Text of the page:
Blacks seemed dark and tight, and shadows demonstrated good clarity. This added up to a satisfying presentation.

A character drama wouldn’t seem to be a candidate for a whiz-bang soundtrack, and the DTS-HD MA 5.1 audio of Abdul fell into expected realms. A few scenes – mainly related to foul weather. – used the various channels well. Usually the track remained oriented toward ambience, though, so don’t expect lots of sizzle from the mix.

Audio quality satisfied. Although didn’t get much score, the music was full and rich, while effects showed nice clarity and accuracy.

Speech – obviously an important factor here – appeared concise and crisp. Nothing here soared, but it all seemed perfectly adequate for the project.

We find two featurettes here. Judi and Ali goes for four minutes, 55 seconds and offers comments from director Stephen Frears, screenwriter Lee Hall, and actors Judi Dench, Ali Fazal, Eddie Izzard, and Olivia Williams.

“Ali” looks at characters, cast and performances. It becomes a fairly perfunctory overview, with a bent toward the promotional side of the street.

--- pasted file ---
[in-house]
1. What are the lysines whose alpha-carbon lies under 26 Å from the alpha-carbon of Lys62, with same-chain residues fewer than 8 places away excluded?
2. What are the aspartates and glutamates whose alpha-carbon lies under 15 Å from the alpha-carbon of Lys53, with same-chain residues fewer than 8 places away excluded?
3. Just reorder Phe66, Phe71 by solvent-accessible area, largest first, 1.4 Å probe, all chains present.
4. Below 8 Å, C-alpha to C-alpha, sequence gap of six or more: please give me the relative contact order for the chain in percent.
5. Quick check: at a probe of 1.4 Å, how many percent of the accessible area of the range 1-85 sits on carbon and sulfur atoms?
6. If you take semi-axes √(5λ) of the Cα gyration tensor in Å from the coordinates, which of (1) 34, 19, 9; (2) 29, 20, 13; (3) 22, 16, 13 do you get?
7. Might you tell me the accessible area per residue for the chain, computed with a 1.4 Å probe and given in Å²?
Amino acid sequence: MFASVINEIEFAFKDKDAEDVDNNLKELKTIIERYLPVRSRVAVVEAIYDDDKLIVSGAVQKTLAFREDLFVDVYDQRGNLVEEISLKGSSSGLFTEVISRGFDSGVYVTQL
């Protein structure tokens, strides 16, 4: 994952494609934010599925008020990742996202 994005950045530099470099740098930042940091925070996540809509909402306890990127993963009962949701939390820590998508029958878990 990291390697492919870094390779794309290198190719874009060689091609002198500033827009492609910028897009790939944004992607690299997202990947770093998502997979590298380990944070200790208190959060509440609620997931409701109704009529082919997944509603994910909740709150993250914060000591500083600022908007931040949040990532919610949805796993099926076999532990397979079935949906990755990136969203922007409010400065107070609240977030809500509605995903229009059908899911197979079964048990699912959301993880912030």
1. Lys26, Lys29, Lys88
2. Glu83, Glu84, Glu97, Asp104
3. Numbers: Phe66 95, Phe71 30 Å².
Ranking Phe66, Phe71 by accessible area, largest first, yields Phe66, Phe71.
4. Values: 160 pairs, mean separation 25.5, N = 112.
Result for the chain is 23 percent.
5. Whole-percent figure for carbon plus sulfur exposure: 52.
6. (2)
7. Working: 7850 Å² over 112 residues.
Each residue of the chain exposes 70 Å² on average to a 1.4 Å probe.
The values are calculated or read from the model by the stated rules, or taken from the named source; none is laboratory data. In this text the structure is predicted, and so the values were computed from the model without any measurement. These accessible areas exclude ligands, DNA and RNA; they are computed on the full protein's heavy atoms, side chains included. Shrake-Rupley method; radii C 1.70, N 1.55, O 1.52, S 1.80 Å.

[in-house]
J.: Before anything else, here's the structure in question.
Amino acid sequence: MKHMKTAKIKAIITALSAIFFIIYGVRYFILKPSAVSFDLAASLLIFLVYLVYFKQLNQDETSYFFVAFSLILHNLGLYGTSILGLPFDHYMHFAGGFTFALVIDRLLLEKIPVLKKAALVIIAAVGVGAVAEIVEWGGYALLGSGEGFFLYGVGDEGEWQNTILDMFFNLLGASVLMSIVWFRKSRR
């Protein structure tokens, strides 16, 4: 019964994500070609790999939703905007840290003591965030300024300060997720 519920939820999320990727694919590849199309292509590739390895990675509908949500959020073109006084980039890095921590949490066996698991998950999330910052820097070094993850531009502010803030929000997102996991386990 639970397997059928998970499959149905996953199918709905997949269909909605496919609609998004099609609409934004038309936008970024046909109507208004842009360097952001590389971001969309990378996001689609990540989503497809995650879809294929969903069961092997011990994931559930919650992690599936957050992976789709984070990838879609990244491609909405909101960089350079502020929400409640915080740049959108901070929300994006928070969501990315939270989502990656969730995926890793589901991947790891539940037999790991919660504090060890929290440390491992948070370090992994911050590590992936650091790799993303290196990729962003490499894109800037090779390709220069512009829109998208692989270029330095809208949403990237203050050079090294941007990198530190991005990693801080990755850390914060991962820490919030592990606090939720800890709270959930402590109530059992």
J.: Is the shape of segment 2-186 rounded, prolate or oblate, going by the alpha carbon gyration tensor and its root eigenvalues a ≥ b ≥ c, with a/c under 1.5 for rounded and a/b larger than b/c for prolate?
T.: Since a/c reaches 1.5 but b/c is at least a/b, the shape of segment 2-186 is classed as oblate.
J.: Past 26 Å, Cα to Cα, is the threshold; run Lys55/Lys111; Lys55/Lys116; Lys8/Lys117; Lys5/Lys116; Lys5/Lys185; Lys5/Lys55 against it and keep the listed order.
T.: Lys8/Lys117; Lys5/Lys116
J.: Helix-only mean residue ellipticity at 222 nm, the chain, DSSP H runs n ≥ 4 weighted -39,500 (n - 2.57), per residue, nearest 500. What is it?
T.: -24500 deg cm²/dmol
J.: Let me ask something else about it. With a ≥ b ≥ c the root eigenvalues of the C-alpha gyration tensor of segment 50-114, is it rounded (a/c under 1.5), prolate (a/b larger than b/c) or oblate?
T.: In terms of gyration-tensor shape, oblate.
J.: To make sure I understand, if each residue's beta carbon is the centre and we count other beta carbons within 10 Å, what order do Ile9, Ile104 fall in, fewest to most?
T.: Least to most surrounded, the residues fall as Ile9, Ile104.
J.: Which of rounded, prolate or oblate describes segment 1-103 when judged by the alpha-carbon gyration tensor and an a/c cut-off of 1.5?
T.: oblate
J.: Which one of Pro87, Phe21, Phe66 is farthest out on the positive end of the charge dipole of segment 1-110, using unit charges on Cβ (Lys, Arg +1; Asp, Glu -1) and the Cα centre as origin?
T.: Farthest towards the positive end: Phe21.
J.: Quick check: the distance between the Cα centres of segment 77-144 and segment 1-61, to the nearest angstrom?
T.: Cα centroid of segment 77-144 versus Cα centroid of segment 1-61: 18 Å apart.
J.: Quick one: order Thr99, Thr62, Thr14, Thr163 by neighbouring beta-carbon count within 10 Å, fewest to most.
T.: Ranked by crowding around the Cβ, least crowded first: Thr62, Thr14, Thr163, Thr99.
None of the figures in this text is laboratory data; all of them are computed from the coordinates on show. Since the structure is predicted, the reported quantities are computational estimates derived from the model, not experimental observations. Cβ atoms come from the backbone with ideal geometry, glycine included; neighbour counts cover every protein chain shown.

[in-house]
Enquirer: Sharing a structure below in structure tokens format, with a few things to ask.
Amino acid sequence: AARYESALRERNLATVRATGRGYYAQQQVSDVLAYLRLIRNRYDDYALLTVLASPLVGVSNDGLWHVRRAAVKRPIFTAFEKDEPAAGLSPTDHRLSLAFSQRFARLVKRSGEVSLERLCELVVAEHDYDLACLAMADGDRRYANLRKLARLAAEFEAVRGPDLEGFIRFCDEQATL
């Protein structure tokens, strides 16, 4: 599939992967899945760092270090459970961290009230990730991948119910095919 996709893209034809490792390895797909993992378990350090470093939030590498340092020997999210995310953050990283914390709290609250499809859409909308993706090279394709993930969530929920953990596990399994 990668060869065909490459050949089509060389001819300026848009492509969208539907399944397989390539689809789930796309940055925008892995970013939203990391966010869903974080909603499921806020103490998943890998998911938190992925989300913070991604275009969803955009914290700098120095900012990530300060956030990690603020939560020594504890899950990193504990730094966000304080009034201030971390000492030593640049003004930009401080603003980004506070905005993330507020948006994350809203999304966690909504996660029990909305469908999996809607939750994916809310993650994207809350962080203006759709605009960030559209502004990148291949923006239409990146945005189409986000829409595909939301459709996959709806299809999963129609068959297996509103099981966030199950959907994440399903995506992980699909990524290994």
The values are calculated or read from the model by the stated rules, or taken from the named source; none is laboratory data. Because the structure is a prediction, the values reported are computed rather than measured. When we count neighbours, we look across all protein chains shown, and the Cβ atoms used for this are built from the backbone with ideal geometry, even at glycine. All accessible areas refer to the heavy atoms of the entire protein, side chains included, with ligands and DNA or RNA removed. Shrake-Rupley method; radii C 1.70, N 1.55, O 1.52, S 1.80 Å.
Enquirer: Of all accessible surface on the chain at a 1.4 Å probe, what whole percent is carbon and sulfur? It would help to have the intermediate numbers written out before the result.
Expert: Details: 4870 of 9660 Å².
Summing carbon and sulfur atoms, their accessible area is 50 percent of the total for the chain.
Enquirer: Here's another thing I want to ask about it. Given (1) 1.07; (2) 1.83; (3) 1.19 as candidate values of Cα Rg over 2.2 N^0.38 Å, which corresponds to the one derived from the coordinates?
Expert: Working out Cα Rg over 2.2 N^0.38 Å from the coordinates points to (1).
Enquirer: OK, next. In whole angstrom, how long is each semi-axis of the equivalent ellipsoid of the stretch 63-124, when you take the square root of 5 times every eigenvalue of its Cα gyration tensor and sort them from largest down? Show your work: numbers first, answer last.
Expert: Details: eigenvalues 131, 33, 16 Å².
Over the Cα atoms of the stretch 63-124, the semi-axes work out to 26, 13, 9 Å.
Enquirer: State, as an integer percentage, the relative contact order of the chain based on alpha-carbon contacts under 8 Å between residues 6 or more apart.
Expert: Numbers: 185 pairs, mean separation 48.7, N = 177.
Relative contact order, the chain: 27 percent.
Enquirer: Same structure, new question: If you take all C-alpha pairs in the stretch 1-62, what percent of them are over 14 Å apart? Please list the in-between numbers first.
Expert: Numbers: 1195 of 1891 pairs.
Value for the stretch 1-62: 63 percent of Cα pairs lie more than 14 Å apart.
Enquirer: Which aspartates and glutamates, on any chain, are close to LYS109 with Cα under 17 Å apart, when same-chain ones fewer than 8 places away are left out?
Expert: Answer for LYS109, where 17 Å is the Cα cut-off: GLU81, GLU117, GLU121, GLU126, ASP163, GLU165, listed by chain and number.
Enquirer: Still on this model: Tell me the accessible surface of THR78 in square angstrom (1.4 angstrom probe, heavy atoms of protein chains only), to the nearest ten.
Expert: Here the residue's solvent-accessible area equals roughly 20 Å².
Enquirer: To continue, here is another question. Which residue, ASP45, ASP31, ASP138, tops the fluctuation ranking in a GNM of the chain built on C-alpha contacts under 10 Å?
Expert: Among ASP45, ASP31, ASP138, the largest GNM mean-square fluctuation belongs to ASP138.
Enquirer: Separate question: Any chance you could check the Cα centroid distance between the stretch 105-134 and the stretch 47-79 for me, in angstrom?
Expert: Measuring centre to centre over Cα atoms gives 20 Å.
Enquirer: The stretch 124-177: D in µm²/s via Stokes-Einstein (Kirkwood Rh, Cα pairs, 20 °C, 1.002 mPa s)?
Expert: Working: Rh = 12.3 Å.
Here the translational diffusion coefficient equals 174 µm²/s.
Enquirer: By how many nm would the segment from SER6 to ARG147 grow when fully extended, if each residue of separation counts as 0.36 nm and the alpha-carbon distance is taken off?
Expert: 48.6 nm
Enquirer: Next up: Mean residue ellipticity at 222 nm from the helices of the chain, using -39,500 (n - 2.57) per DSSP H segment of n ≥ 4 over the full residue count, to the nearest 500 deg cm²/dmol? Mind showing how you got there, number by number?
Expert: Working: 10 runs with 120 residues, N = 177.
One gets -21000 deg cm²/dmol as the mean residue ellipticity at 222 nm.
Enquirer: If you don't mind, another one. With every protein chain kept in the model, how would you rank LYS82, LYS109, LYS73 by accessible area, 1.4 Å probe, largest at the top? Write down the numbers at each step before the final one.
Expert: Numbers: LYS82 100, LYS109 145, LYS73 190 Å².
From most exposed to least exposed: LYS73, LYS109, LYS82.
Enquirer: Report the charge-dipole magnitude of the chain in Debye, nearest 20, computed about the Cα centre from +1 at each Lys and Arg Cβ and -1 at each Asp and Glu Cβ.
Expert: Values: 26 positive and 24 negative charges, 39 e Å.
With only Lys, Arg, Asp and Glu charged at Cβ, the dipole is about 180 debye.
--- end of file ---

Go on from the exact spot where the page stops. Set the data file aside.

With The Look of Victoria & Abdul, we get a six-minute, 46-second piece with Frears, Dench, Fazal, Hall, producers Tracey Seaward and Beeban Kidron, supervising location manager Adam Richards, chargehand standby prop Campbell Mitchell, and costume designer Consulata Boyle.

“Look” discusses sets and locations, costumes and period details. This one offers more depth than “Abdul”, but its length restricts its impact.

The disc opens with an ad for Darkest Hour. Previews adds clips for The Danish Girl, Suffragette, A Monster Calls, Hyde Park on Hudson, The Zookeeper’s Wife and The Theory of Everything. No trailer for Abdul appears here.

A second disc provides a DVD copy of Abdul. It includes the same extras as the Blu-ray.

A tepid drama about an improbable friendship, Victoria & Abdul suffers from too many clichés. These make it a lackluster journey. The Blu-ray brings us excellent visuals along with adequate audio and minor supplements. Despite a strong story at its core, the film never breaks free and prospers.

Viewer Film Ratings: 2 Stars Number of Votes: 1
0 3: